general rule solids should be offered after
a milk feed at 6-9 months and can be offered
before a milk feed from 9 months. This is to
ensure that the introduction is gradual or
'complimentary' to breastfeeding/formula.
Follow On Formula
If formula feeding, it is not necessary to
introduce follow-on milk formula at 6
months. Although promoted as being higher in
iron they have no nutritional advantage over
regular infant formula. Follow-on formulas
are a clever way of infant feeding companies
beating marketing laws on the advertising of
breast milk substitutes as this law only
bans the advertising of basic infant food.
It is normal for your baby to spit and
dribble the food out at first. Your baby
will take time to learn to take food from a
spoon and may cry between spoonfuls as they
have been used to a continual flow of milk.
If your baby is nearer to 6 months old when
they start to wean, they may move through
the puree stage more quickly.
What Equipment Do I Need?
Simple things such a fork, sieve and spoon
are all that is needed to prepare most
foods. You will also need a plastic spoon
and shallow plastic bowl which can be
leave your baby alone with food
Never add solids to a bottle
Sterilise all feeding utensils and bowls
until your baby is at least 6 months
Always wash your hands before preparing
food or feeding your baby
Ensure all work surfaces are clean
before you prepare food
Store food at the correct temperatures
Throw away any half eaten food
Do not re-heat food more than once
Can I Freeze Food?
When preparing your own foods for weaning it
is easier to prepare larger quantities. Most
foods will freeze except bananas, melon,
baby rice. After food is cooked, divide it
into suitable sized portions, cover and
leave to cool thoroughly before freezing.
Never put warm food into the
freezer. For young babies, freeze in small
quantities in a sterilised ice cube tray.
Once frozen, transfer into bags labelled
with the date by which the food should be
used. As your baby gets older, freeze food
in plastic dishes - e.g. yoghurt pots
covered with foil - again, label with the
date by which the food should be used.
In a freezer marked **** foods will
keep for the following length of time:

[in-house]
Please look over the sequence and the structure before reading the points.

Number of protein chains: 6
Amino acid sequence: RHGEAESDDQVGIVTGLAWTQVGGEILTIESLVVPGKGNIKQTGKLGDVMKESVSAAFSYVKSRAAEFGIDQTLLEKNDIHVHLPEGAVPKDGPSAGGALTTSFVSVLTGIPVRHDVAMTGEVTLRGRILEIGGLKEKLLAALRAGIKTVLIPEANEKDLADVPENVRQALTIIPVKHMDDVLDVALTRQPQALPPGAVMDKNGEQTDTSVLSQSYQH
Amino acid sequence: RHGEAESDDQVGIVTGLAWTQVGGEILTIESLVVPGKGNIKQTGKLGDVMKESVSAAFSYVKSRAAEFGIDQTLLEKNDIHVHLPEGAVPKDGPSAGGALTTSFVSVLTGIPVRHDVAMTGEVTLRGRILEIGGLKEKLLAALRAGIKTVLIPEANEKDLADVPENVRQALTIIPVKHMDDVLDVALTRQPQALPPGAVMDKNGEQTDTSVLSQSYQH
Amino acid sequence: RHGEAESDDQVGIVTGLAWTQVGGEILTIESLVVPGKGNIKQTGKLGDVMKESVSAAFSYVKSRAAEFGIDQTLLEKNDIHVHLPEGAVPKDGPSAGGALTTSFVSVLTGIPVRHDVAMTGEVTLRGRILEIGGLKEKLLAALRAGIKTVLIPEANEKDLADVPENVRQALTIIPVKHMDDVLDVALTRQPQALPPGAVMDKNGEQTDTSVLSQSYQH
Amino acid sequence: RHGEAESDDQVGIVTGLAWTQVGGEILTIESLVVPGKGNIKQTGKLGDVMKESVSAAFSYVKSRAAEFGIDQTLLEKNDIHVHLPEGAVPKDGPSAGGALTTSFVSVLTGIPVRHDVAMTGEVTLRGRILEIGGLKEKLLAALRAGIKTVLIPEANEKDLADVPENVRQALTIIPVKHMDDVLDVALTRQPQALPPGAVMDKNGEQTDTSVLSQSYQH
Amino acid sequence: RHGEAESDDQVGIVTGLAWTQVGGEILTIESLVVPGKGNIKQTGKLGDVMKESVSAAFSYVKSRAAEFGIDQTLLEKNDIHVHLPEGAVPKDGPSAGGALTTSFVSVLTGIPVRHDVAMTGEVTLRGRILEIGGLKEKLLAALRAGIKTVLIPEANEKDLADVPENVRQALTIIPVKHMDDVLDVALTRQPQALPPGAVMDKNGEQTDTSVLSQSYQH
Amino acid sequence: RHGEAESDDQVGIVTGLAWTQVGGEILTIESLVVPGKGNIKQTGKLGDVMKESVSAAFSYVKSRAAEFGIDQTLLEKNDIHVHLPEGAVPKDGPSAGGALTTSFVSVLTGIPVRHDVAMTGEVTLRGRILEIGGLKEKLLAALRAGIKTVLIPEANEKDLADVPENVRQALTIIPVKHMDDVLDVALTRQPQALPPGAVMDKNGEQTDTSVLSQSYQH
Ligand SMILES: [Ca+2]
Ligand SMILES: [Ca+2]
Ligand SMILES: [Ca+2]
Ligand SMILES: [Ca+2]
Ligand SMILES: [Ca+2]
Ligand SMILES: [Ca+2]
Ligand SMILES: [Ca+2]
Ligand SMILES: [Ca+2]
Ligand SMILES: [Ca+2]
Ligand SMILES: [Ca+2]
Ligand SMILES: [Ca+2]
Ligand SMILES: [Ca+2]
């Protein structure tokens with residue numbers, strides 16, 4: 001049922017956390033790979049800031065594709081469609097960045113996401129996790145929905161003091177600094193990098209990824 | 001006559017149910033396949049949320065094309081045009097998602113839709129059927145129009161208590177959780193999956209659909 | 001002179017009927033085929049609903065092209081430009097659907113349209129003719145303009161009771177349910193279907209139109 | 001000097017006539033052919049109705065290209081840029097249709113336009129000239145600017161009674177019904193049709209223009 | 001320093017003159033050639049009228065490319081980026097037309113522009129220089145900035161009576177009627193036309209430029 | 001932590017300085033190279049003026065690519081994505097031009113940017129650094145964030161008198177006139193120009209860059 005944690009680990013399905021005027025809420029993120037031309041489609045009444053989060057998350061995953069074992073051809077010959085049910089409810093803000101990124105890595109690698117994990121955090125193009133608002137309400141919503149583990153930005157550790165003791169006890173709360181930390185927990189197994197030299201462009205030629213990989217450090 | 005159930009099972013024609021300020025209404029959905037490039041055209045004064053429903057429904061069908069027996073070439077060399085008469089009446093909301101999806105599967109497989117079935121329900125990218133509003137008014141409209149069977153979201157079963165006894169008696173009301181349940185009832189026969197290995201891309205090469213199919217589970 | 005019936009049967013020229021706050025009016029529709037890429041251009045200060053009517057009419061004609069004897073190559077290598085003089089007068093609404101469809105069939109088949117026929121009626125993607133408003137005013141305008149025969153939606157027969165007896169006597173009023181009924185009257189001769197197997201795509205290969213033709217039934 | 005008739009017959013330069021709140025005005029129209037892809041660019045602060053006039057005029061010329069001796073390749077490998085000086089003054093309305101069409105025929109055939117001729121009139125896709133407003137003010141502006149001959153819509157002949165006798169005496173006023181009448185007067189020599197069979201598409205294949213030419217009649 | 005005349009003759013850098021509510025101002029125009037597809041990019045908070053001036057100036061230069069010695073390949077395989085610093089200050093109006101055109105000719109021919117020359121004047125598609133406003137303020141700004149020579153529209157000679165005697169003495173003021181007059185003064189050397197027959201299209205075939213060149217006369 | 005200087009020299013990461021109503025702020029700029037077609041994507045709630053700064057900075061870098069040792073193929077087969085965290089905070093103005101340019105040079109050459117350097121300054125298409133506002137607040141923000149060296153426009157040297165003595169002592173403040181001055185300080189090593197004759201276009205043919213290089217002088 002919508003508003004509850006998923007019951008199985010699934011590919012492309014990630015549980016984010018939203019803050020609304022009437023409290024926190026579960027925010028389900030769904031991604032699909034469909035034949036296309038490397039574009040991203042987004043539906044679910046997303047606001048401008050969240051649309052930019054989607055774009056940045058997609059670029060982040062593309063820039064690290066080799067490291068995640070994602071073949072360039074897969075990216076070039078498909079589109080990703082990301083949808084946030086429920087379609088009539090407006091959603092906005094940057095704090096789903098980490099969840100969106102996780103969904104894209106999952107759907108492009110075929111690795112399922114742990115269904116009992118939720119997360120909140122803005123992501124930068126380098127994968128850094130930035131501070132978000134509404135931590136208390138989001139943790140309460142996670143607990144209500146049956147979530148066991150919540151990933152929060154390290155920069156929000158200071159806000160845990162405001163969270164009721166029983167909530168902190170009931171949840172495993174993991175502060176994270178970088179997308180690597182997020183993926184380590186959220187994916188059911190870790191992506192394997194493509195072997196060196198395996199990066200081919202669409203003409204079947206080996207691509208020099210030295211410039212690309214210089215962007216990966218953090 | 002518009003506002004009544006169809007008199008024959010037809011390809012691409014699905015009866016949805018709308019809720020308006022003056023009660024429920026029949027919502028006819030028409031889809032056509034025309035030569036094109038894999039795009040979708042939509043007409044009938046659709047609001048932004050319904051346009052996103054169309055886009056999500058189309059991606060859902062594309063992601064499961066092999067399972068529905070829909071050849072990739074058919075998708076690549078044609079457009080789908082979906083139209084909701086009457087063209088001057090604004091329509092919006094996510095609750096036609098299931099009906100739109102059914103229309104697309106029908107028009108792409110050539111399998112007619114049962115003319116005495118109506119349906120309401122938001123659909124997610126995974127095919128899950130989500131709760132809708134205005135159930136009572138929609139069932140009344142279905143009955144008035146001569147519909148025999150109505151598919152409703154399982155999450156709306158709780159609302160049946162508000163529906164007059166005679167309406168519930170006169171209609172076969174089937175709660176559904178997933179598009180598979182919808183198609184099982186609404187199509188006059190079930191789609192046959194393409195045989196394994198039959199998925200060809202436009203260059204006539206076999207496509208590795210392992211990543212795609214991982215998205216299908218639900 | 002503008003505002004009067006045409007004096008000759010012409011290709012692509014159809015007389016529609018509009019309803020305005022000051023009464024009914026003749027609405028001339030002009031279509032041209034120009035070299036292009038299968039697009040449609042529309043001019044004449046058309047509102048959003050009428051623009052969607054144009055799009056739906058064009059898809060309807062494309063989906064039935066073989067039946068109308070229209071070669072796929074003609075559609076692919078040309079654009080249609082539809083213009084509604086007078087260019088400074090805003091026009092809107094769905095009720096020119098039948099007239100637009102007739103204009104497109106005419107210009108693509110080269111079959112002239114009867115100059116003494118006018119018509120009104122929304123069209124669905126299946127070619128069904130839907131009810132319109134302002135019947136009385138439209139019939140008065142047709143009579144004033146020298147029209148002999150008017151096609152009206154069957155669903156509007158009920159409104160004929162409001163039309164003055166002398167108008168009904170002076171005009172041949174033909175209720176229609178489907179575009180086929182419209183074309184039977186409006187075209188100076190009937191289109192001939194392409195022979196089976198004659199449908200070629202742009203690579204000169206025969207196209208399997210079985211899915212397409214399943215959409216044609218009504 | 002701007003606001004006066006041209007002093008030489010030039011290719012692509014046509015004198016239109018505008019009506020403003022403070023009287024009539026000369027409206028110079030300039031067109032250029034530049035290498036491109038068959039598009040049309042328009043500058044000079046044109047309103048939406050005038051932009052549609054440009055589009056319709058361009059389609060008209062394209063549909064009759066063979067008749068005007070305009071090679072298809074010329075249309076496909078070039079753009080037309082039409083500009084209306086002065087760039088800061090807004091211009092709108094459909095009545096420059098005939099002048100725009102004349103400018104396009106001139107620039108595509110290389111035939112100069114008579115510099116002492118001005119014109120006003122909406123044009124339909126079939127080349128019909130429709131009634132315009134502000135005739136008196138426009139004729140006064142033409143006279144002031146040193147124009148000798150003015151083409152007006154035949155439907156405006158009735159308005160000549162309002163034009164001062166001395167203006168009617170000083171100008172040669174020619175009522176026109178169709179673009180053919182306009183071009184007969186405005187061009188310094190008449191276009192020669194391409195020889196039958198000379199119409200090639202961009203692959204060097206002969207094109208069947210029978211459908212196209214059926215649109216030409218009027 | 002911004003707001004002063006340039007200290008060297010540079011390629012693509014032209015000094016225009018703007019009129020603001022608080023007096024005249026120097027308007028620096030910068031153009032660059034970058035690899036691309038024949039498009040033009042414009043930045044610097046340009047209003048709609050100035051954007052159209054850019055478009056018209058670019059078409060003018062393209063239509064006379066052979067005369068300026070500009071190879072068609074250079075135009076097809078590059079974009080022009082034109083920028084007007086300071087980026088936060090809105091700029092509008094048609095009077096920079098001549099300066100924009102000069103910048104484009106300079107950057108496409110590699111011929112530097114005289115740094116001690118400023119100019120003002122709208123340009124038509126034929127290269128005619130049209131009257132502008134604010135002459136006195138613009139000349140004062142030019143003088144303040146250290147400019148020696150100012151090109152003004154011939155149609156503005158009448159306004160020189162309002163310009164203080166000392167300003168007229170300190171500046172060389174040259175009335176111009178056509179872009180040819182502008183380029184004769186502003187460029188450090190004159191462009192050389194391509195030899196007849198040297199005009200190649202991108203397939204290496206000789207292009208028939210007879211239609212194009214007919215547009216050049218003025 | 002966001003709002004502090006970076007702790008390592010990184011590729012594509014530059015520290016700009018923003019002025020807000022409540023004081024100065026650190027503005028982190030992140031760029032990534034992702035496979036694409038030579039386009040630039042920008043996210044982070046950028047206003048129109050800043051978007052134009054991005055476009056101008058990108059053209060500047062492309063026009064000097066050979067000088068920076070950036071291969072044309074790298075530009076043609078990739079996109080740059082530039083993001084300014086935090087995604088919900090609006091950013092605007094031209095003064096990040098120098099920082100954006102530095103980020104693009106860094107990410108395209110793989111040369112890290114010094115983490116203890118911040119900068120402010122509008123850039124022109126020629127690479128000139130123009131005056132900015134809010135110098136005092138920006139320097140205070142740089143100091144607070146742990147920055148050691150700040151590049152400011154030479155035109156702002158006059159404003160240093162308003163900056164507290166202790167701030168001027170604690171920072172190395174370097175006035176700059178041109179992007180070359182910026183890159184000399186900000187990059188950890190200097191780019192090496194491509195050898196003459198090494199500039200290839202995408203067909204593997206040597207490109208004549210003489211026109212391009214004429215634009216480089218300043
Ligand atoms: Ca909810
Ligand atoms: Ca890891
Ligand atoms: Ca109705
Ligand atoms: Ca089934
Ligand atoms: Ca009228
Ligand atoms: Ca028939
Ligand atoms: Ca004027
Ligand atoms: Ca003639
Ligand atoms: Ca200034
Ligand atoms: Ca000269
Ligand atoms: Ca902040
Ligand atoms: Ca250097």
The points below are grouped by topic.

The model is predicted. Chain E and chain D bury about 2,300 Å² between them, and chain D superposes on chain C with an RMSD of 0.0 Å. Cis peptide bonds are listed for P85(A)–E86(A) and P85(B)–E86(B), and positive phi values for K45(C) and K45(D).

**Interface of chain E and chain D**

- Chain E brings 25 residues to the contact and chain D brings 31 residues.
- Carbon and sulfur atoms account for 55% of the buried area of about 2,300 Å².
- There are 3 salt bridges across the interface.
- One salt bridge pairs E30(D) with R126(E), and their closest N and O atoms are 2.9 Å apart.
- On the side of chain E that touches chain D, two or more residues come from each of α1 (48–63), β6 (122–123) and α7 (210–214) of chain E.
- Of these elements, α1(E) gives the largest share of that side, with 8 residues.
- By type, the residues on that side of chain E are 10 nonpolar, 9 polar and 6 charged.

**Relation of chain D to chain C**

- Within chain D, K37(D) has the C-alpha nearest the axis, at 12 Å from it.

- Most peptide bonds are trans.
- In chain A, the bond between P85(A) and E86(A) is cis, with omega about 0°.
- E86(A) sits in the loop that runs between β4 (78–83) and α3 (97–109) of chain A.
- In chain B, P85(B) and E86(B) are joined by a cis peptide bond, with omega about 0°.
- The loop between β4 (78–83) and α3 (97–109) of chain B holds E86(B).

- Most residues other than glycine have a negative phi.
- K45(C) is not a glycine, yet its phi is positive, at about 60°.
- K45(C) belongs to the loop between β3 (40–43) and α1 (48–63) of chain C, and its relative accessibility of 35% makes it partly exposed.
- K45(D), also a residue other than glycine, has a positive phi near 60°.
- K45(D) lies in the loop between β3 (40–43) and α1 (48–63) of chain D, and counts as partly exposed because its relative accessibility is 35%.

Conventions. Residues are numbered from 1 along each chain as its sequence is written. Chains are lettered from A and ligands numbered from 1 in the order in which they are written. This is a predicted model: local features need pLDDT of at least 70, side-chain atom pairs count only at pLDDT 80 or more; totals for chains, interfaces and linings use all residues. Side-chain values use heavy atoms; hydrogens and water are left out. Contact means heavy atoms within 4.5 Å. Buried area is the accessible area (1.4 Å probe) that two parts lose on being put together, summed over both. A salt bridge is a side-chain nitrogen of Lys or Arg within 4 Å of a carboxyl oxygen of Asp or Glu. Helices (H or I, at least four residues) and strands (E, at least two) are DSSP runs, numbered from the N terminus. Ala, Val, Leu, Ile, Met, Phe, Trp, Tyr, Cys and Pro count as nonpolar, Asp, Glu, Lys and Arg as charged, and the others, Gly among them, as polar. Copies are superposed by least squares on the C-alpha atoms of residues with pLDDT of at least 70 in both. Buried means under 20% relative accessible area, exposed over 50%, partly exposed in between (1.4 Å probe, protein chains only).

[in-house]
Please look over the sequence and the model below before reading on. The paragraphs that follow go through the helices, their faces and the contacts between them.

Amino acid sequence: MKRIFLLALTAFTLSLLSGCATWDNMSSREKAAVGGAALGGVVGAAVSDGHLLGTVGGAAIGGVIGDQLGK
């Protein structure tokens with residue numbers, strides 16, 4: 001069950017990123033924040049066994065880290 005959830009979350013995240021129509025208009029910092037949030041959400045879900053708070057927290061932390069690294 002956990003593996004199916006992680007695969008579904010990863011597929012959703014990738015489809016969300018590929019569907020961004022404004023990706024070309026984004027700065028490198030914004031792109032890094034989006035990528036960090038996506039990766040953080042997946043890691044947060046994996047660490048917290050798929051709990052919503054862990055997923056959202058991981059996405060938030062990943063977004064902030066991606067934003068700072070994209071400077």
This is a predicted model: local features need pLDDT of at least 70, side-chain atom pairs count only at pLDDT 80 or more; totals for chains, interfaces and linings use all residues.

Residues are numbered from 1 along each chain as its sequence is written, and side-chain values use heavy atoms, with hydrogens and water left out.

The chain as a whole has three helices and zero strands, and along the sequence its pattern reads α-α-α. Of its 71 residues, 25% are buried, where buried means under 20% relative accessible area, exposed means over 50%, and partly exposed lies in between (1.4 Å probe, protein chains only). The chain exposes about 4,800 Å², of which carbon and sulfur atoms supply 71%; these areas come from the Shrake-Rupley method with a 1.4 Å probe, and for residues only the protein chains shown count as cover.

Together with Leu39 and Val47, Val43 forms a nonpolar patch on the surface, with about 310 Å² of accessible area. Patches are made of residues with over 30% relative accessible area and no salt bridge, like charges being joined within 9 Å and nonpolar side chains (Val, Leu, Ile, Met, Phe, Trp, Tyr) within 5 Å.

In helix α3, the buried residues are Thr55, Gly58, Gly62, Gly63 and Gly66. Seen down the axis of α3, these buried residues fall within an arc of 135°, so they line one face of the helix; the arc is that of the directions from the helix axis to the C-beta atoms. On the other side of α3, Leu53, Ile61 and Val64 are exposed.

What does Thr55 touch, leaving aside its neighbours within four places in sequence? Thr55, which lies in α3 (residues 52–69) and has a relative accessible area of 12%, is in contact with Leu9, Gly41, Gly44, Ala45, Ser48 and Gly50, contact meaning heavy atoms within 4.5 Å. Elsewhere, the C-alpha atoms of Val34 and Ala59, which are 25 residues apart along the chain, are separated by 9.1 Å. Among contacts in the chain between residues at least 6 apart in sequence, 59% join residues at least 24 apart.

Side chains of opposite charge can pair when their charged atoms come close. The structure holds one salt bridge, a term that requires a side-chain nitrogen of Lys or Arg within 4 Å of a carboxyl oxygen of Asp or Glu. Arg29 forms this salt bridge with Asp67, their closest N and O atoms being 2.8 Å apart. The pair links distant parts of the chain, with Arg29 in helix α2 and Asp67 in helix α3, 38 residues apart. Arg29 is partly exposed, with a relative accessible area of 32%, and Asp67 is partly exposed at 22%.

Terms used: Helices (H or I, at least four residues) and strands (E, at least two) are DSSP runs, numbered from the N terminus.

To thaw frozen foods, do not defrost in a
Remove from freezer a few hours before
it is required, or;
Heat gently in a heatproof container in
a saucepan of hot water
How Do I Reheat Food?
Warning! Using a microwave to
reheat food for your baby can cause
uneven heating and hot spots, therefore
if you use a microwave always stir food
during cooking to ensure an even spread
of heat and ALWAYS check the
temperature before giving it to your
Can I Use Commercial Baby Foods?
There is a wide variety of jars, tins and
packets of baby food available. These can be
useful if you are out for a day or on
holiday but try to use home prepared food
most of the time. If you do use jars, tins
or packets, follow the storage advice
on labels carefully.
How Quickly Should I Be Making Progress?
After a few weeks of having solids at one
meal, try offering a second meal, then a
third after another 2-3 weeks. This will
encourage your baby to fit in with your
family meal times.
Gradually make the food thicker and lumpier.
By the age of 7-9 months
Start to introduce finger foods. Try
foods which are soft or easy to chew,
e.g. banana, pear, melon, cooked
Start to introduce a wider variety of
foods, e.g. breakfast cereals, pasta
Try giving finely minced food
By the age of 9-12 months
Start to give chopped food and harder
finger foods, e.g. raw vegetables,
apple, sandwiches, bread sticks
It is important that by this age your
baby is having a balanced diet so try to
include foods from each of the following
Meat and alternatives:
Meat, poultry, fish, eggs, pulses,
Tofu, nuts (finely ground), seeds,
Bread and Cereals:
Bread, rice, cereals, pasta,
Fruit and vegetables:
Apples, bananas, fruit
juice, carrots, cauliflower, tomato
Milk and milk products:
Milk, cheese, yoghurt,
By the age of 1 year
Your baby should be joining in with family
meals, three times a day with drinks and
Fun First Foods